Network security is a top priority for companies, and this includes securing Cisco routers. It is surprising to some that Cisco routers run many services that could create vulnerabilities.
Some of these services are enabled by default.
This white paper is not an exhaustive listing of all services enabled on Cisco routers that could create vulnerabilities, nor of all best practices for configuring Cisco routers.
It is intended to be a vehicle for discussion regarding the security of those routers.
Services that Are Enabled by Default
The services below are enabled by default (in some cases depending on the version of IOS installed on the router) and should be disabled if not in use.
This allows a router to act as a BOOTP server for other routers; thereby allowing them to load their operating system over the network from the router acting as the BOOTP server.
A hacker could use the BOOTP service to download a copy of the router's IOS software. The tools for this type of attack are available on the Internet.
If not required, the BOOTP service should be disabled. The following global command can be used to disable BOOTP: no ip bootp server.
Cisco Discovery Protocol (CDP)
Cisco Discover Protocol is used to obtain information about directly connected Cisco neighbors. The information gleaned from CDP includes ip addresses, hardware model information, and operating system version.
This feature could allow a hacker to gain information about the configuration of the device and of the network infrastructure. If not needed, it should be disabled globally or on an interface by interface basis.
CDP can be disabled globally with the no cdp run command and on the interface with the no cdp enable command.
CDP needs to be enabled when using Cisco IP phones. If it has been disabled globally on the switch, it can be enabled on the interface using the cdp enable command.
There are several known attacks on the Cisco IP Phone CDP feature, so it is a decision for each network administrator to determine the risk versus the obvious benefits of CDP to support Cisco IP Telephony solutions.
HTTP Configuration and Monitoring
The default setting for this service is device-dependent. HTTP service allows the router to be monitored or configured from a web browser. HTTP is a clear-text protocol and is vulnerable to various packet-capture methods.
A hacker could monitor network traffic and capture authentication usernames and passwords.
This issue is made more serious when the enable password is used for authentication because this knowledge would give the attacker full administrative access to the device.
Once usernames and passwords have been captured, it is simply a matter of using the credentials to log into the router.
If not required, the HTTP service should be disabled. If web access to the device is required, consider using HTTPS or Secure Shell (SSH). The encrypted HTTPS and SSH services may require an IOS or hardware upgrade.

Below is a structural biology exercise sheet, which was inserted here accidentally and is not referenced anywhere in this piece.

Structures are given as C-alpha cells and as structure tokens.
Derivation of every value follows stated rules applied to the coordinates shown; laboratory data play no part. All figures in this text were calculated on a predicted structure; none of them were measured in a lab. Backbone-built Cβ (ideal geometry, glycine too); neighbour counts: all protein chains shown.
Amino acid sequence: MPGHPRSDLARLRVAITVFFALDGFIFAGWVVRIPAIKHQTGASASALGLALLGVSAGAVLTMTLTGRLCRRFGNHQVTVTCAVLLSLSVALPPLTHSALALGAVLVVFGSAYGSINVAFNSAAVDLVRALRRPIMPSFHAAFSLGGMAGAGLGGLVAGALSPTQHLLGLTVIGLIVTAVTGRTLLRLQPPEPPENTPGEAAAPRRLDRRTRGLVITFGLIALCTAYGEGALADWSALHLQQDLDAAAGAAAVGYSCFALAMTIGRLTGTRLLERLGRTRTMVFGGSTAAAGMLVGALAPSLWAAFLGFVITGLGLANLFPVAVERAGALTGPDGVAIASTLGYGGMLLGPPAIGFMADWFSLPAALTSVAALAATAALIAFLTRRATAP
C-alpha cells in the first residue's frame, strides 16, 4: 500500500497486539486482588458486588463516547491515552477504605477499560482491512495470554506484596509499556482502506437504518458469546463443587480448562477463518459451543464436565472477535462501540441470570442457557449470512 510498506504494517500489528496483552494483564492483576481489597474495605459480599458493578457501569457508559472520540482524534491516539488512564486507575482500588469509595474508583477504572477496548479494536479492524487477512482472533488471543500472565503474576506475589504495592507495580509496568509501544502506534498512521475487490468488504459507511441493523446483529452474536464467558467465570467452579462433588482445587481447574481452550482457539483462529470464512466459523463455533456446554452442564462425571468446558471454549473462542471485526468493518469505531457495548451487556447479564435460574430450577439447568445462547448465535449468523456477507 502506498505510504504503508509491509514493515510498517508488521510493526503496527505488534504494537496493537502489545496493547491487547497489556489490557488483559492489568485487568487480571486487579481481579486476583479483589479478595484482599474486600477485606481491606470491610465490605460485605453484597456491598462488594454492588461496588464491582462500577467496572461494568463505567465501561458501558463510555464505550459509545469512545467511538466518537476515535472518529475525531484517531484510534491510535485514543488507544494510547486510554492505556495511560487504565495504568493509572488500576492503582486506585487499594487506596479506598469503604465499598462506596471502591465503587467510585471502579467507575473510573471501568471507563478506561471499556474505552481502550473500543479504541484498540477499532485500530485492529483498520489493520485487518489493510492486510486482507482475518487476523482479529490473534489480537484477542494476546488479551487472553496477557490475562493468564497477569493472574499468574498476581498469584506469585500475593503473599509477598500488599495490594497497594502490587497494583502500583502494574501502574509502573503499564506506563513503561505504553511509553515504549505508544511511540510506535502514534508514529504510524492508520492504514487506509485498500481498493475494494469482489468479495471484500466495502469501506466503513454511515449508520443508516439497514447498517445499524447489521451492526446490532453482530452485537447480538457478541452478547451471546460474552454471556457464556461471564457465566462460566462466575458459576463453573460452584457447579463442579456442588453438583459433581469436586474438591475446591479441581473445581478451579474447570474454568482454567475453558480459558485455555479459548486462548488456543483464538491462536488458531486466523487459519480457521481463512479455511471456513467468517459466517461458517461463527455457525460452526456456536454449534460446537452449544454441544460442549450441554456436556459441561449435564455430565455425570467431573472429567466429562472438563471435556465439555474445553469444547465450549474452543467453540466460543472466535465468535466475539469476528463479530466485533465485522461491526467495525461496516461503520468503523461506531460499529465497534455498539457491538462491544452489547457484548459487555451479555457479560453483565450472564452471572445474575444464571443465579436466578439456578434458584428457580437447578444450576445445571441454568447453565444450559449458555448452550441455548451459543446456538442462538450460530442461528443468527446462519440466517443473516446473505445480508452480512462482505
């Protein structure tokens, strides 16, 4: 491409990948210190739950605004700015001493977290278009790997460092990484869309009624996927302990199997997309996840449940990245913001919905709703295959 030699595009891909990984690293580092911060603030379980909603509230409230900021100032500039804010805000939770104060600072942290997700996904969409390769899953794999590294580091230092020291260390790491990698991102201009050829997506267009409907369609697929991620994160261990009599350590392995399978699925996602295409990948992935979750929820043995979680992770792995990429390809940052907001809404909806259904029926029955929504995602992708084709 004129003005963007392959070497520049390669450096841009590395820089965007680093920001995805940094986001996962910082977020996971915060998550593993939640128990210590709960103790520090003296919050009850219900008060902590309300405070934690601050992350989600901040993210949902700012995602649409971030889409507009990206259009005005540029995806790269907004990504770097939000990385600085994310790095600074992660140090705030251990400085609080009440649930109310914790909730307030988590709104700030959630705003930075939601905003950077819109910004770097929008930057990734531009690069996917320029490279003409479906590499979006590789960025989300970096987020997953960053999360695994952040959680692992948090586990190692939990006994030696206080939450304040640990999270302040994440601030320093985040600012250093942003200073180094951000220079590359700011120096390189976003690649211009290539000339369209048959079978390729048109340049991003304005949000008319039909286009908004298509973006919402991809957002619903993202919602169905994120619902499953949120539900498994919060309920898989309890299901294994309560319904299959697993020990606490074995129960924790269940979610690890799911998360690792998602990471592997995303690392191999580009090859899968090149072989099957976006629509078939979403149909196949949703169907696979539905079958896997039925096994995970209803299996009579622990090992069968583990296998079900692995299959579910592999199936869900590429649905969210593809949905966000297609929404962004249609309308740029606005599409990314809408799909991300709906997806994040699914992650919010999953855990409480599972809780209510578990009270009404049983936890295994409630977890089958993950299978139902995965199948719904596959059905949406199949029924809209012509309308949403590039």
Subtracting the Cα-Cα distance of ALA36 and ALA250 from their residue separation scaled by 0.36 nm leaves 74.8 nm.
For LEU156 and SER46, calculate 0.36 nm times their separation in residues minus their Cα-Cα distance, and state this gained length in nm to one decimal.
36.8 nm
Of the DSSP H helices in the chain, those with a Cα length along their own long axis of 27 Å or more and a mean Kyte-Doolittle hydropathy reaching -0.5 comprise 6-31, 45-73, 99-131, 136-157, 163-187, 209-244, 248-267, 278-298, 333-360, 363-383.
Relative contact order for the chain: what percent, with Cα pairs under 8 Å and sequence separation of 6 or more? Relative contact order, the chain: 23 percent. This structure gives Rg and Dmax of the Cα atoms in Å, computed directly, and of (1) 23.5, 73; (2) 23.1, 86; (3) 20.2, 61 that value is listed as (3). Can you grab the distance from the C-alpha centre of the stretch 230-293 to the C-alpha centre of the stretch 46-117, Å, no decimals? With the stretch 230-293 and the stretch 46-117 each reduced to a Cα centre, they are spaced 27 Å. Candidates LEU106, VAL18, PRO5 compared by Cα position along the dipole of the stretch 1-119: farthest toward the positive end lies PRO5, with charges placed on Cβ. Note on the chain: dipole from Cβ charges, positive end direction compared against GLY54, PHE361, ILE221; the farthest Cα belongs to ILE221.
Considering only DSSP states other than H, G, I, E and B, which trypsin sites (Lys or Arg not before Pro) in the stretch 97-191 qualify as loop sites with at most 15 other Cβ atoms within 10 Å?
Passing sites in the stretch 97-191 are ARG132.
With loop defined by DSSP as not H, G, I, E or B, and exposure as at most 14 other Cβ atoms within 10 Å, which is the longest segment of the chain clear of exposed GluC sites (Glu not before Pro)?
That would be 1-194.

The HTTP service can be disabled with the following IOS global command: no ip http server.
Domain Name System (DNS)
By default, Cisco routers broadcast name requests to 255.255.255.255. A hacker who is able to capture network traffic could monitor DNS queries from the Cisco Router.
Domain lookups can be disabled with the following global command: no ip domain-lookup.
Packet Assembler / Disassembler (PAD)
The Packet Assembler / Disassembler service enables X.25 connections between network systems. The PAD service is enabled by default on most Cisco IOS devices, but it is only required if support for X.25 links is necessary.
Running unused services increases the chances of a hacker finding a security hole or compromising a device.
The PAD service can be disabled with the following global configuration: no service pad.
Internet Control Message Protocol (ICMP) Redirects
ICMP redirects cause the router to send ICMP redirect messages whenever the router is forced to resend a packet through the same interface on which it was received. By sending ICMP redirects, a hacker can redirect packets to an untrusted device.
To stop ICMP redirects, use the following interface command: no ip redirects. This needs to be done on all interfaces.
IP Source Routing
IP source routing is a feature whereby a network packet can specify how it should be routed through the network. IP source routing can allow a hacker to specify a route for a network packet to follow, possibly to bypass a Firewall or an Intrusion Detection System (IDS).
A hacker could also use source routing to capture network traffic by routing it through a system controlled by the attacker.
A hacker would have to control either a routing device or an end point device in order to modify a packets route through the network.
However, tools are available on the Internet that would allow a hacker to specify source routes. Tools are also available to modify network routing using vulnerabilities in some routing protocols.
This can be disabled using the global command: no ip source-route.
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